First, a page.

The adopted tax rate of 32.8 cents was a bit high in my opinion. It should have been capped at 32 cents, but that is not far from the adopted rate. I am hopeful that the township will attempt to drop it to 32 cents next year, seeking ways to lower the tax burden on the residents in subsequent years. Visioning a fixed rate of 32.8 over many years does not seem appropriate to me. The tax rate needs to be driven by community requirements, not by a continuing target strategy. The target strategy should seek a cap but promote minimizing the cost to the community. I will have more to say about the budget in a separate article on the bond election. The board did squeeze the budget twice and made significant improvements as a result, aligning the budget to the wishes of the residents.  I do not know how many unemployed residents exist in The Woodlands, but there is likely a higher number than usual who will have difficulty paying their taxes this year, as the result of economic stress in this recession. Every penny helps. After the next election, hopefully the board will be even more sensitive to resident issues about the tax rate. Some members of the board expressed the thought that we have a low rate and should not be tightening our belt so much, but when you look at the remaining fat, one wonders.

It is clear that The Woodlands must remain The Woodlands. We should not take away amenities nor service levels, unless of course their existence no longer makes any sense for us to remain a highly respected community, where we pride ourselves to live and have the services we need. Service levels are already generally minimized in order to keep the values of our community in place. It is debatable whether some of the contracts can be negotiated down and I have to assume that will be done as discussed earlier. We need excellent metrics from the Township in order to understand what the amenities are and how they are perceived to affect our lives. As we move forward, we likely need to change the way we measure amenities relative to our needs, measure  services relative to cost and benefit, and measure our government's role as it affects the community.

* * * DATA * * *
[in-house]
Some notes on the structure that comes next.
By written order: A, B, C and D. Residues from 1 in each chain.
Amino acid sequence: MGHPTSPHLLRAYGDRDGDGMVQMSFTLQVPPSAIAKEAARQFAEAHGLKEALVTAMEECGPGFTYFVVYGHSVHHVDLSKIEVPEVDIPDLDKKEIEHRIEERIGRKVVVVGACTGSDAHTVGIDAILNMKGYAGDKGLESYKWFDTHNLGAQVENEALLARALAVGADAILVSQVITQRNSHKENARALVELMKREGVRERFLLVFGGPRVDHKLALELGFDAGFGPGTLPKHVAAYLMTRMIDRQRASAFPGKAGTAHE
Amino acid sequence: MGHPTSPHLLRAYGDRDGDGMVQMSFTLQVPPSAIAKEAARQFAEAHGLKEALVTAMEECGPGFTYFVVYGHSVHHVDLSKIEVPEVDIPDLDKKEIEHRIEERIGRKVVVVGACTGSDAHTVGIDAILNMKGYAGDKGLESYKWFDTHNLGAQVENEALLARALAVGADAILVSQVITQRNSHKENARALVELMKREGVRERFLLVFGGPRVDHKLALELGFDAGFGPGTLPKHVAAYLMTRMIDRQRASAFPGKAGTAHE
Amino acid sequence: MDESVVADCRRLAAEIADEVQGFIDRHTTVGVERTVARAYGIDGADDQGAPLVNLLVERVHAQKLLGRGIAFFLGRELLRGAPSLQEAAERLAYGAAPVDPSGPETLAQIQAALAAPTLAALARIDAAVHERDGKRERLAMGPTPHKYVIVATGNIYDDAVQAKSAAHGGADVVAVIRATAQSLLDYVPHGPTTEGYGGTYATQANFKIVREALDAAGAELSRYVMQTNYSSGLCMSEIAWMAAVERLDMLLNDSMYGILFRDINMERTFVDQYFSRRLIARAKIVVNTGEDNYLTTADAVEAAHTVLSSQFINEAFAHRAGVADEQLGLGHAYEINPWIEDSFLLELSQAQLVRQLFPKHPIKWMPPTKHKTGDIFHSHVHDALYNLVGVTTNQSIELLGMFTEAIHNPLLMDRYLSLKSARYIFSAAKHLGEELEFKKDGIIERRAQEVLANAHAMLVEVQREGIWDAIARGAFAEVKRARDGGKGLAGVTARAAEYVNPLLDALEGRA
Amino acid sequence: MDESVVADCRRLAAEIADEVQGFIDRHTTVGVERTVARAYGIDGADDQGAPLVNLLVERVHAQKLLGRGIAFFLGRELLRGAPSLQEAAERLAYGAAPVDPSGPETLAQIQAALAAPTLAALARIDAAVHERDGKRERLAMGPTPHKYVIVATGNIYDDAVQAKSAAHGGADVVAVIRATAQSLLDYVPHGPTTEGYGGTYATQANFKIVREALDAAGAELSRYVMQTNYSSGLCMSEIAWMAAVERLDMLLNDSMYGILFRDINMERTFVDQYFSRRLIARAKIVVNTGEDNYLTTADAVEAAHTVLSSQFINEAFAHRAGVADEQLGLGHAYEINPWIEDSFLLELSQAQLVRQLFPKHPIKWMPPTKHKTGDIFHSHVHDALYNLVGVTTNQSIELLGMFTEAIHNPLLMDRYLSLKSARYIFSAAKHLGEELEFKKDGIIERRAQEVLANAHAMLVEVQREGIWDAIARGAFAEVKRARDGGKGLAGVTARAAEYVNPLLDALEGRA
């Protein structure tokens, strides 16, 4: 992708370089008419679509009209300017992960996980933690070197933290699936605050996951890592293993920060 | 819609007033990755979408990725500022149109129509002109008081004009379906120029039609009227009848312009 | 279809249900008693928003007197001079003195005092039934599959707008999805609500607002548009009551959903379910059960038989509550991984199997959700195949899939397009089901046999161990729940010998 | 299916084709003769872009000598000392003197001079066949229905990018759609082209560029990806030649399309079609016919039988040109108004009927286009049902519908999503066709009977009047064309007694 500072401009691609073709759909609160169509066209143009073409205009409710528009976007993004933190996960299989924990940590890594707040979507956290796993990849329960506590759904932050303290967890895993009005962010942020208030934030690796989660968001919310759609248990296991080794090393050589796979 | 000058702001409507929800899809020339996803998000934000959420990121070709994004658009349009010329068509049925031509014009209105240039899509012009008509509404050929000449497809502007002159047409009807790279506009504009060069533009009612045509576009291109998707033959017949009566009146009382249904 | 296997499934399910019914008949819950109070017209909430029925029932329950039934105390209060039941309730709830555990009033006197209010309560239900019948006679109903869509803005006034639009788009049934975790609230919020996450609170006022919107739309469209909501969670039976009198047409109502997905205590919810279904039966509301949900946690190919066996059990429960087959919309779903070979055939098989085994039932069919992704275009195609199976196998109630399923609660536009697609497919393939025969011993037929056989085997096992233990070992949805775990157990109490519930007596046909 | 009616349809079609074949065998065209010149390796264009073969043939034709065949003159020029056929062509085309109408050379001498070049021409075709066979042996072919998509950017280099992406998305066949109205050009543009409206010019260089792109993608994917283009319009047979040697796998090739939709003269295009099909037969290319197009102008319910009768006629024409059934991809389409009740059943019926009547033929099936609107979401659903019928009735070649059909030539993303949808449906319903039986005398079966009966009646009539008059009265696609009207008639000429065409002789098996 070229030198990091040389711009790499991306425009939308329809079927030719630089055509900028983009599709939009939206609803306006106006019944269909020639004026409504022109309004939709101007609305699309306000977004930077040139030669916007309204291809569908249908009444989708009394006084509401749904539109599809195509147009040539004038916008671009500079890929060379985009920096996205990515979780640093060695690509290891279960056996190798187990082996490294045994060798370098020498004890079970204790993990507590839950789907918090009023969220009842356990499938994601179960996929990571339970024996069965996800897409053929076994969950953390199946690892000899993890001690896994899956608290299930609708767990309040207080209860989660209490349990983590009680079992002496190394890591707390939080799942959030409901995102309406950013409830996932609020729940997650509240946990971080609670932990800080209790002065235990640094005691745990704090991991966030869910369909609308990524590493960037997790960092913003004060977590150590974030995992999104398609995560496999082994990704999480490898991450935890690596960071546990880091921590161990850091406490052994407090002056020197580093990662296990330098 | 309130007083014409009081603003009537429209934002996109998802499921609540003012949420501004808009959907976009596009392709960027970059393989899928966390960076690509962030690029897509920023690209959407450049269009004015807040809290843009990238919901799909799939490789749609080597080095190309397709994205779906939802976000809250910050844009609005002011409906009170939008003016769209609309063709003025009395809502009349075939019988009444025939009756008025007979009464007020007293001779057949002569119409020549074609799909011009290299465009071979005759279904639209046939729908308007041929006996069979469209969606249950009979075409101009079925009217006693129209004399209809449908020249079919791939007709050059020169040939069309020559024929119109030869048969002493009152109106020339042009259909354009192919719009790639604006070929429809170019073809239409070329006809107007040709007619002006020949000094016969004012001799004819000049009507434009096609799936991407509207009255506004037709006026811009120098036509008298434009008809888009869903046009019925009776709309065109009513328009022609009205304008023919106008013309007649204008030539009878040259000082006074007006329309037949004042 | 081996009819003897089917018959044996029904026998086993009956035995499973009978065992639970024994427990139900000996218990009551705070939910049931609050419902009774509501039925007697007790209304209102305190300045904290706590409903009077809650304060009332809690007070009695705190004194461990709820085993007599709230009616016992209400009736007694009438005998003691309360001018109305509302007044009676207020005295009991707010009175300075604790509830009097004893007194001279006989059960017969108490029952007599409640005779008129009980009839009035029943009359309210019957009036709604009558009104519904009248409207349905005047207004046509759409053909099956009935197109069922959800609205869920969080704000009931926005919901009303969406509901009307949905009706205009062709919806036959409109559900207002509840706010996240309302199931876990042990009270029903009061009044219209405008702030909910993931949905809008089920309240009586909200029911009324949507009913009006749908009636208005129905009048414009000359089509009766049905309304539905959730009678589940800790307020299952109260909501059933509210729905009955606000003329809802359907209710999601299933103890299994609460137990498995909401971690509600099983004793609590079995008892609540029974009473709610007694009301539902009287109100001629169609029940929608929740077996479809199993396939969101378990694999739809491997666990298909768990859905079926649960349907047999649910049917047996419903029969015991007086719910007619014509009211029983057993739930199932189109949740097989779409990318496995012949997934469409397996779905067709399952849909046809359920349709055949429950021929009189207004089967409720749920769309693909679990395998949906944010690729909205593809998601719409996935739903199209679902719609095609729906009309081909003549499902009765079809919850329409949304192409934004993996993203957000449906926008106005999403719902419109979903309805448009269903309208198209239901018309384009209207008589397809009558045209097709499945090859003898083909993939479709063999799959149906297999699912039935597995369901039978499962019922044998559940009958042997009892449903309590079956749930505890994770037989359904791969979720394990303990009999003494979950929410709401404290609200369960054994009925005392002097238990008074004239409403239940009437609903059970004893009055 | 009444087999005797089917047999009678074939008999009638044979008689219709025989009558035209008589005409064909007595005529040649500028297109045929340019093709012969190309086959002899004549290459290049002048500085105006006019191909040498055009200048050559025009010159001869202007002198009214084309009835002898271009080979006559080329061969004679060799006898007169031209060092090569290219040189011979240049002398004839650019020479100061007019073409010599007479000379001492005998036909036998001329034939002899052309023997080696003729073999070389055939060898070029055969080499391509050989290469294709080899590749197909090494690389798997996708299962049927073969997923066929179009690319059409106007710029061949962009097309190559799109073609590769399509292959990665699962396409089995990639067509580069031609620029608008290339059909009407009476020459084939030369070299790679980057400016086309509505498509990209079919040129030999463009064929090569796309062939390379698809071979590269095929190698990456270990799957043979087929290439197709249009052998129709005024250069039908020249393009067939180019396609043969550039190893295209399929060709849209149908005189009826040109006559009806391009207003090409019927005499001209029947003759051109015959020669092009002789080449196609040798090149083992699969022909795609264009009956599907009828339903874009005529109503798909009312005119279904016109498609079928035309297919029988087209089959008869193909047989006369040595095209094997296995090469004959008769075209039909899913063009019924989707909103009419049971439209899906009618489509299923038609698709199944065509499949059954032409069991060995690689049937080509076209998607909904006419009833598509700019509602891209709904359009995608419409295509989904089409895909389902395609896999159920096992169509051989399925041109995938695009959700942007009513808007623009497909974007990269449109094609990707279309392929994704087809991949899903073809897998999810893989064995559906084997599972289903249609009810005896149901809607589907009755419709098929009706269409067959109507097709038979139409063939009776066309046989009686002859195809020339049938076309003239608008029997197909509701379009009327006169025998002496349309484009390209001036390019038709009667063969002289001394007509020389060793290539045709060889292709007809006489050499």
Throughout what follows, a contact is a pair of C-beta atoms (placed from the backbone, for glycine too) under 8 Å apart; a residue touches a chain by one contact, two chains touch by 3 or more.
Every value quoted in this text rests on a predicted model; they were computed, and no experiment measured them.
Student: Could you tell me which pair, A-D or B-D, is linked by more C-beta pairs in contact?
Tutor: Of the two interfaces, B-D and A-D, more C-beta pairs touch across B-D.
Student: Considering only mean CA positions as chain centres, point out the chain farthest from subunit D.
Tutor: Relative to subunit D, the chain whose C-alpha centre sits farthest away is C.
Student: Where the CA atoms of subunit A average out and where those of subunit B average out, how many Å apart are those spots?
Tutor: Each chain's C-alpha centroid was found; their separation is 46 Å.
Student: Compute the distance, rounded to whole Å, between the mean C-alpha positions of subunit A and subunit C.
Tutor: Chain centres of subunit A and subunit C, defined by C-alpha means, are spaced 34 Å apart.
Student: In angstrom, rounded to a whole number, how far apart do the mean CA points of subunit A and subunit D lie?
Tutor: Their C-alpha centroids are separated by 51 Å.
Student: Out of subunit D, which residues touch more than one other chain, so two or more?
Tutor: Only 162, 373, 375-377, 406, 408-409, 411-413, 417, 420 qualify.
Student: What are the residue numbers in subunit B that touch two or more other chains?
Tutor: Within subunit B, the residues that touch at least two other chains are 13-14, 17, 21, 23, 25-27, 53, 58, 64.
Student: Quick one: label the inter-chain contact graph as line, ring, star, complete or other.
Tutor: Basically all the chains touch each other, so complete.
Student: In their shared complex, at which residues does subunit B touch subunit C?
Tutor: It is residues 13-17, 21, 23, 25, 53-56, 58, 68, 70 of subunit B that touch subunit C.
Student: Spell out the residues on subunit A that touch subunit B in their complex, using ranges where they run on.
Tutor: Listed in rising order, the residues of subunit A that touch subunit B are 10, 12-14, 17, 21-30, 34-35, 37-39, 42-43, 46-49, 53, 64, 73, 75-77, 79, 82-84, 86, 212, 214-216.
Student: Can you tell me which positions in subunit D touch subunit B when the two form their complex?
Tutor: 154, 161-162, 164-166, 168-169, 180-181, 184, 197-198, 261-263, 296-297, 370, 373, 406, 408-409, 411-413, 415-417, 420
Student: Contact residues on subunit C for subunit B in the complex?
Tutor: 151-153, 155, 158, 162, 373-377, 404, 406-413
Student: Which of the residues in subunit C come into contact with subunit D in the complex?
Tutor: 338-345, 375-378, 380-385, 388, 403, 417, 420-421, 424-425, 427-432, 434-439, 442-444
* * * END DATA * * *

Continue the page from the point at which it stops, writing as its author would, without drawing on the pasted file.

Hats off to board members for asking questions and exposing some of the issues in the budget. Hats off to the staff for their hard work and pursuit of excellence in building the budget.  I am pleased that we have a plan now to get on with the new policing organizations. This will help the community to be more unified and know that police staffing is aligned with normal police staff levels and with expected service levels. I was also pleased that the new fire station for Indian Springs has been accelerated and the dependency constraint on waiting for the Creekside Village fire station has been removed. Indian Springs' residents have to wait an additional year than previously planned, but the project is now on the books to be operational January 2012, only one year later than we had previously hoped. Now we have to move on to a budget dependency - the bond election. Without that, this entire exercise must be altered.  

1.  Township Budget Meeting Videos 

No comments: